Medications in Drug Treatment: Tackling the risks to children - one year on
This ‘One Year On’ report expands upon the findings and recommendations of Adfam’s Medications in Drug Treatment: Tackling the risks to children, published in 2014, and further contributes to the debate on reducing the risks to children posed by prescribed medications used in opioid substitution therapy (OST).
- At least 110 persons aged 18 and under died from ingesting OST medications between 2003 and 2013: 73 in England and Wales, and 37 in Scotland
- 107 of these were related to methadone, and three to buprenorphine
- Of the 73 deaths in England and Wales, only seven resulted in a serious case review; meaning that an additional 66 deaths did not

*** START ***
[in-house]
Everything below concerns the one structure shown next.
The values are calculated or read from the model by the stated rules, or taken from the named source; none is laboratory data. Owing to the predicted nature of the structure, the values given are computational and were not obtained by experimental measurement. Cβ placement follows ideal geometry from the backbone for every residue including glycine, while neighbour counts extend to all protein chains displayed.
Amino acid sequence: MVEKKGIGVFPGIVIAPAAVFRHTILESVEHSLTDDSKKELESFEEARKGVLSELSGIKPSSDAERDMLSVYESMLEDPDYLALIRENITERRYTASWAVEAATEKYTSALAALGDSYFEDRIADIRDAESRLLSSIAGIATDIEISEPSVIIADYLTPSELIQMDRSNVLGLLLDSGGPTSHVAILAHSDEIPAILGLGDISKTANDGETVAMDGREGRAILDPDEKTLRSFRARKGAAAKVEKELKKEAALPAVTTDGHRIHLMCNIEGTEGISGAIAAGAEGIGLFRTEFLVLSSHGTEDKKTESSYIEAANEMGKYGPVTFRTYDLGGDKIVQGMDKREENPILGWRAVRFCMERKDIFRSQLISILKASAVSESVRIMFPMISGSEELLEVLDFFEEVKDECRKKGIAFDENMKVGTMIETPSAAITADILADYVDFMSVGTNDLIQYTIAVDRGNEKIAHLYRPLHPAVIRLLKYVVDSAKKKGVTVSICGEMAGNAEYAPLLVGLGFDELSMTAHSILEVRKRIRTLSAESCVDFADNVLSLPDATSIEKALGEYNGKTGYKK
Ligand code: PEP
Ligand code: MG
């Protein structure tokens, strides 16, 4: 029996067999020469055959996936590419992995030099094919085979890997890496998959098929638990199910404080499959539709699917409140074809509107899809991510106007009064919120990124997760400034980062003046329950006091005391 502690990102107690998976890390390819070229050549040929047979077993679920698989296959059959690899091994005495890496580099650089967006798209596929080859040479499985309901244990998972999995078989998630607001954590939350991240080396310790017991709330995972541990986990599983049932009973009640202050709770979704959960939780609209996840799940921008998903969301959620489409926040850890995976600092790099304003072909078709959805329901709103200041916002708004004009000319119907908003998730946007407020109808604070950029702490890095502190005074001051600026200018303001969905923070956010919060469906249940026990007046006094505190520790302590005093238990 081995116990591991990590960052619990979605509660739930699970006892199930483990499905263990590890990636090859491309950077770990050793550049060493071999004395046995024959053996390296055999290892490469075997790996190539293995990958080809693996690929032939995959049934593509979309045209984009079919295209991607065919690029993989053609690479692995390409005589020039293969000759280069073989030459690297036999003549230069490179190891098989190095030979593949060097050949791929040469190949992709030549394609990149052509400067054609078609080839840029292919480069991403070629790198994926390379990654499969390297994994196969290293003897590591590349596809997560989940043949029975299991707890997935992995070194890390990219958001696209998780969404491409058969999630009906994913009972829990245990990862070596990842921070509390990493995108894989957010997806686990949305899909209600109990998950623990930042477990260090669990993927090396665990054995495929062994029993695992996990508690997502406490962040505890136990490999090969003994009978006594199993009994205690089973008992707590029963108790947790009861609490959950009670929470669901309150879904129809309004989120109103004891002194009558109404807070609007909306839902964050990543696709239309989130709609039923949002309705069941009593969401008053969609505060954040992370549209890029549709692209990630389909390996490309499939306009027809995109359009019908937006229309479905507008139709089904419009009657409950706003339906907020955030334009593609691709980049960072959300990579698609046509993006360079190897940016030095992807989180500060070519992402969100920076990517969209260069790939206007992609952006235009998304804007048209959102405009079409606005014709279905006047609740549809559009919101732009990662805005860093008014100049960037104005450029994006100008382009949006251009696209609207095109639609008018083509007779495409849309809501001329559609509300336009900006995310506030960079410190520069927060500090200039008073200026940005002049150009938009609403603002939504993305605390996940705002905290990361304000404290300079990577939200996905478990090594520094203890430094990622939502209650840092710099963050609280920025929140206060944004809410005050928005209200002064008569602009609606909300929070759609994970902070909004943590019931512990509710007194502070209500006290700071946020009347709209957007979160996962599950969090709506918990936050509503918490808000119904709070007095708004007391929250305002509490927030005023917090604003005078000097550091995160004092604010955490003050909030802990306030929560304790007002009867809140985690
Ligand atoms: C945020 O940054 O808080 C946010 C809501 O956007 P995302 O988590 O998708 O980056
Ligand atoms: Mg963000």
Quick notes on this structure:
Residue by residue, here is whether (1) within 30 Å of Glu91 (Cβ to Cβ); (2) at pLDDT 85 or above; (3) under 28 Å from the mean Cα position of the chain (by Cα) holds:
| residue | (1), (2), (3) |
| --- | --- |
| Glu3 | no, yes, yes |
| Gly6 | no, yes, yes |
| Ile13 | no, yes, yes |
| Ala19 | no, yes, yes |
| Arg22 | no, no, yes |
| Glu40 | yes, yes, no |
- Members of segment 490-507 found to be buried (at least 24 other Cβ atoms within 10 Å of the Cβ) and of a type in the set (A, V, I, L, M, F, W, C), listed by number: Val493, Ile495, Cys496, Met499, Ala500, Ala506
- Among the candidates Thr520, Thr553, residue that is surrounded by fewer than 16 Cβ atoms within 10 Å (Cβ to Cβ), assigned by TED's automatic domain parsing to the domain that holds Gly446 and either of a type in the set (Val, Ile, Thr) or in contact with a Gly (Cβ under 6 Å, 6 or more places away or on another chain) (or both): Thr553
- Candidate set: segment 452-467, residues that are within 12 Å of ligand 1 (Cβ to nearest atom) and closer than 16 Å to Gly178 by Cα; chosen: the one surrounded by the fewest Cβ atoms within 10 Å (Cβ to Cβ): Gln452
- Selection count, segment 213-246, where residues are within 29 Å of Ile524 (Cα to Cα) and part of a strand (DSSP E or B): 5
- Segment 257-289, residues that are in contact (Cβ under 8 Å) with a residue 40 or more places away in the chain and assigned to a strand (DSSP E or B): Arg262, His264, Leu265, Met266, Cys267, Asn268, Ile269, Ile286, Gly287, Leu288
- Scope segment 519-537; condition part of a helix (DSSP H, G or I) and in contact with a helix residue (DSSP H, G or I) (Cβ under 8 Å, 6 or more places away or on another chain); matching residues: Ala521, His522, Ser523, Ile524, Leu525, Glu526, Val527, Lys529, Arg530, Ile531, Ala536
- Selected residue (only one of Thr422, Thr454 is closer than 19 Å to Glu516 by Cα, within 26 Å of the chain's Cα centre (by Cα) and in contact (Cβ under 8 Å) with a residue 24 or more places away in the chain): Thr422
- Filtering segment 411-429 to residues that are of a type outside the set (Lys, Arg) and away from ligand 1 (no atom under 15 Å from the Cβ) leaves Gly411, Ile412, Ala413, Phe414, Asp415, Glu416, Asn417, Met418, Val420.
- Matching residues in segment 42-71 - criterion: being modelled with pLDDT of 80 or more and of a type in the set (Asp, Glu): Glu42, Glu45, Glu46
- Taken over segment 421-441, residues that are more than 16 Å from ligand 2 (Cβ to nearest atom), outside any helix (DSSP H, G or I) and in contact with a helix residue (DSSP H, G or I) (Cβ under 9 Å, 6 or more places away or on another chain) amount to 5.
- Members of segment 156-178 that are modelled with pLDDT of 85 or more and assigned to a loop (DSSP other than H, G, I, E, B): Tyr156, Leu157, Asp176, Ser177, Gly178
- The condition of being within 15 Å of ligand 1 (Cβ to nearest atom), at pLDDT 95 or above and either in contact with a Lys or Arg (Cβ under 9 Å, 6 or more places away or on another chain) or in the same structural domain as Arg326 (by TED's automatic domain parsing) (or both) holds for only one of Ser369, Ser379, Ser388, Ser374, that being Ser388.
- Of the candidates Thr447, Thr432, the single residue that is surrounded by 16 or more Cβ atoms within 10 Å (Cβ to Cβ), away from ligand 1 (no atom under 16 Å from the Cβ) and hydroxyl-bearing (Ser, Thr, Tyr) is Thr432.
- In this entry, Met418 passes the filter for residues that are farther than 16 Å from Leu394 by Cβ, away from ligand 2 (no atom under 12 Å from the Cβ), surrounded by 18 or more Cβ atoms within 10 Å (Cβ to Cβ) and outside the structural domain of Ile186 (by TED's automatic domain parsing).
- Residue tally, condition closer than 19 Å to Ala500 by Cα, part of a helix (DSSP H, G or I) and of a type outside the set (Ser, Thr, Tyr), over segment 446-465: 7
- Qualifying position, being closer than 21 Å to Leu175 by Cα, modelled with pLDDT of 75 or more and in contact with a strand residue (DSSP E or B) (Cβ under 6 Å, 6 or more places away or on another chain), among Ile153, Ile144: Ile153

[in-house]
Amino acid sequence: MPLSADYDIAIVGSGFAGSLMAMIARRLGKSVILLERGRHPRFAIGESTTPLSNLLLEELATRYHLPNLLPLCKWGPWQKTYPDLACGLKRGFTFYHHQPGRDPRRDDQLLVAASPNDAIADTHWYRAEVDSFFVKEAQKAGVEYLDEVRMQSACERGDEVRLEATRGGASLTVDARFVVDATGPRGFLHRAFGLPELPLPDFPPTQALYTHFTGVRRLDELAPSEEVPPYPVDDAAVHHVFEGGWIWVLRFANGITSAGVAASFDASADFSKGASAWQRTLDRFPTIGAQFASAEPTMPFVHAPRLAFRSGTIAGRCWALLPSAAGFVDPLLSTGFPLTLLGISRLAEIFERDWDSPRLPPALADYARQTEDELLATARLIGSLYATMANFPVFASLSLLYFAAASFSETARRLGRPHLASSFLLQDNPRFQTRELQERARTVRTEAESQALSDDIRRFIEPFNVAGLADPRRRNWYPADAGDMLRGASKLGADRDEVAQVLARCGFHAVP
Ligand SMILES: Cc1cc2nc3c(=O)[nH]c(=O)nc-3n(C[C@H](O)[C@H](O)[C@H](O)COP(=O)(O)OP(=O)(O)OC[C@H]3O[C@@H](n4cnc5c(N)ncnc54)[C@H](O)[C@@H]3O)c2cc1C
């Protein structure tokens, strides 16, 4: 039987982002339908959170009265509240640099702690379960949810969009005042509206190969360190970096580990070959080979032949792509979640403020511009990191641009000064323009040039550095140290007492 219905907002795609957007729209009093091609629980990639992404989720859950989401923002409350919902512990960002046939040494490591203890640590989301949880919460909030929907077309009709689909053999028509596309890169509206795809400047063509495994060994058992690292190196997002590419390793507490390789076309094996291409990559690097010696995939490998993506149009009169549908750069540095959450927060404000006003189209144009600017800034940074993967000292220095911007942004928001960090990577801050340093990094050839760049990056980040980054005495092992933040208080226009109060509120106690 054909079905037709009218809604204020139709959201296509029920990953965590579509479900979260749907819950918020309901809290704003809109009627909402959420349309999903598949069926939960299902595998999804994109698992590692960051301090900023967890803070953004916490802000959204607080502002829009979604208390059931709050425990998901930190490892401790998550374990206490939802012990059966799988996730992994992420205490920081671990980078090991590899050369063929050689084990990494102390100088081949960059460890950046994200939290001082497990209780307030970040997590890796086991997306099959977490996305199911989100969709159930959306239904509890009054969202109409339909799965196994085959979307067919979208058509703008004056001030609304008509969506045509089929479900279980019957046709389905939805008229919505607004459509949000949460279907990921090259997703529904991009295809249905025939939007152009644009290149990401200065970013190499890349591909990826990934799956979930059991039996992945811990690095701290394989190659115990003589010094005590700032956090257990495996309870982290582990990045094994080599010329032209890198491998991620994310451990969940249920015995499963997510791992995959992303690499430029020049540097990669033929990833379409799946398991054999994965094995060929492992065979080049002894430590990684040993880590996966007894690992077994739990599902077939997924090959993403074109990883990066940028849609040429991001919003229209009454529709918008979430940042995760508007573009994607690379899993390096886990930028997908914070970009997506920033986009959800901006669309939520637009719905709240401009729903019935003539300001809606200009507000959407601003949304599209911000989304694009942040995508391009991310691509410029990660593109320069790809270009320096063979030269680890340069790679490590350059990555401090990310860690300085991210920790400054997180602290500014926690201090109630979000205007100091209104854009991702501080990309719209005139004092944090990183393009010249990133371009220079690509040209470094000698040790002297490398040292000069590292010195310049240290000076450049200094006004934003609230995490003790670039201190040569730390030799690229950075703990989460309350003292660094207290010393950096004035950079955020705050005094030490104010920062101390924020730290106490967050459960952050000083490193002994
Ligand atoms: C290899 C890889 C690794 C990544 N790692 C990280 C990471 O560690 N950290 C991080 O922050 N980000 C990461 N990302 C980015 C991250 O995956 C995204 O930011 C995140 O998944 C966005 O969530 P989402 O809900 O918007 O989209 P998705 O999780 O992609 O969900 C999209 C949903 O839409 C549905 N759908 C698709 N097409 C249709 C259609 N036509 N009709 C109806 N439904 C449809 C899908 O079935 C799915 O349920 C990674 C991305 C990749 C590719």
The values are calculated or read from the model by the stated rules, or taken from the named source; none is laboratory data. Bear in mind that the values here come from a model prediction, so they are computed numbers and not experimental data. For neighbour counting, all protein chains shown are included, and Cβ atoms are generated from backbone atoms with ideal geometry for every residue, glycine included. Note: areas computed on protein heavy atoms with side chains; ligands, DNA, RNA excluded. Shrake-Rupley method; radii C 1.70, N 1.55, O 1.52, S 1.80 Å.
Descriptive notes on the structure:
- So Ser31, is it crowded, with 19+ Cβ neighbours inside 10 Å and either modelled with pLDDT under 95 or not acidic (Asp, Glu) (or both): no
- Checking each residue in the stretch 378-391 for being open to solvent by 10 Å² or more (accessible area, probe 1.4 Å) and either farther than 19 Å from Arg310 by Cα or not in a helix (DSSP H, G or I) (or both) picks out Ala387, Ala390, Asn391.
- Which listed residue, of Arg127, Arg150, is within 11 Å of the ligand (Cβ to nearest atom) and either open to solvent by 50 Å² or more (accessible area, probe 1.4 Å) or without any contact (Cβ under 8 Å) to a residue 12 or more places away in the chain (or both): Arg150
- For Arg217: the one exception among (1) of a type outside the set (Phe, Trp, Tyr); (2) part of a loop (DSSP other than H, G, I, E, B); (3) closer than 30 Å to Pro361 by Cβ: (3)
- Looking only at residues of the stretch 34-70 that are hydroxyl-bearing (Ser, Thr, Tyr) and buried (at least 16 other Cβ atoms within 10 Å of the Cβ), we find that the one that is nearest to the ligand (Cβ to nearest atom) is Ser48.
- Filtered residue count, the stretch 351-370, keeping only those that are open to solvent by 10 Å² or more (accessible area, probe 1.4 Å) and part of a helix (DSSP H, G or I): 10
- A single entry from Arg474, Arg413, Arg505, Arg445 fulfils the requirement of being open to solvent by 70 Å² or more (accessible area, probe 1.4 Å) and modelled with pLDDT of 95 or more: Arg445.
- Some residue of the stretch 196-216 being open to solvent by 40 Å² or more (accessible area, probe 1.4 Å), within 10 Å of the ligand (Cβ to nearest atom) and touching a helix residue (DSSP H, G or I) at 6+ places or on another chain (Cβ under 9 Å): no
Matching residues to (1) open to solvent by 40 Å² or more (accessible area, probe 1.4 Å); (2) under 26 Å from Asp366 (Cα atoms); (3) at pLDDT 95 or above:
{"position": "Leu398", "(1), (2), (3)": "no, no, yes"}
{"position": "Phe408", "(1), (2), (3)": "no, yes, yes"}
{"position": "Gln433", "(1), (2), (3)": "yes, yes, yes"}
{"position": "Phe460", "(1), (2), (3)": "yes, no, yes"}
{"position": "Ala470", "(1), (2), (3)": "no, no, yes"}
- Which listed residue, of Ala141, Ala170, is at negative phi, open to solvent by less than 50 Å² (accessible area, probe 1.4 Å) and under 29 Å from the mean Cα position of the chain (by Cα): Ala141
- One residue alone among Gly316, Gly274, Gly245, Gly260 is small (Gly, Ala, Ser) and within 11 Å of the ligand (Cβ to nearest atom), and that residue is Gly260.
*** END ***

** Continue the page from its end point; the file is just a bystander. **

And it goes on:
- Hospitalisation statistics show that between 2003 and 2014, at least 328 children were hospitalised in England due to methadone poisoning
- These data reveal that the majority of ingestions occur in adolescents, which is contrary to the bias towards younger children evident in serious case reviews
- Since the original report’s publication, there have been three new serious case reviews (one awaiting publication) involving child ingestions of methadone; all of which involved children aged two and under, with the methadone prescribed to the mother
- Evidence suggests that methadone is related to a higher mortality risk than buprenorphine
- A range of approaches are being taken by different local authorities to tackle the issue; yet, the continuation of SCRs where children have come to harm or died after ingesting OST medications means more needs to be done to effectively minimise and manage the risks to children posed by these medications.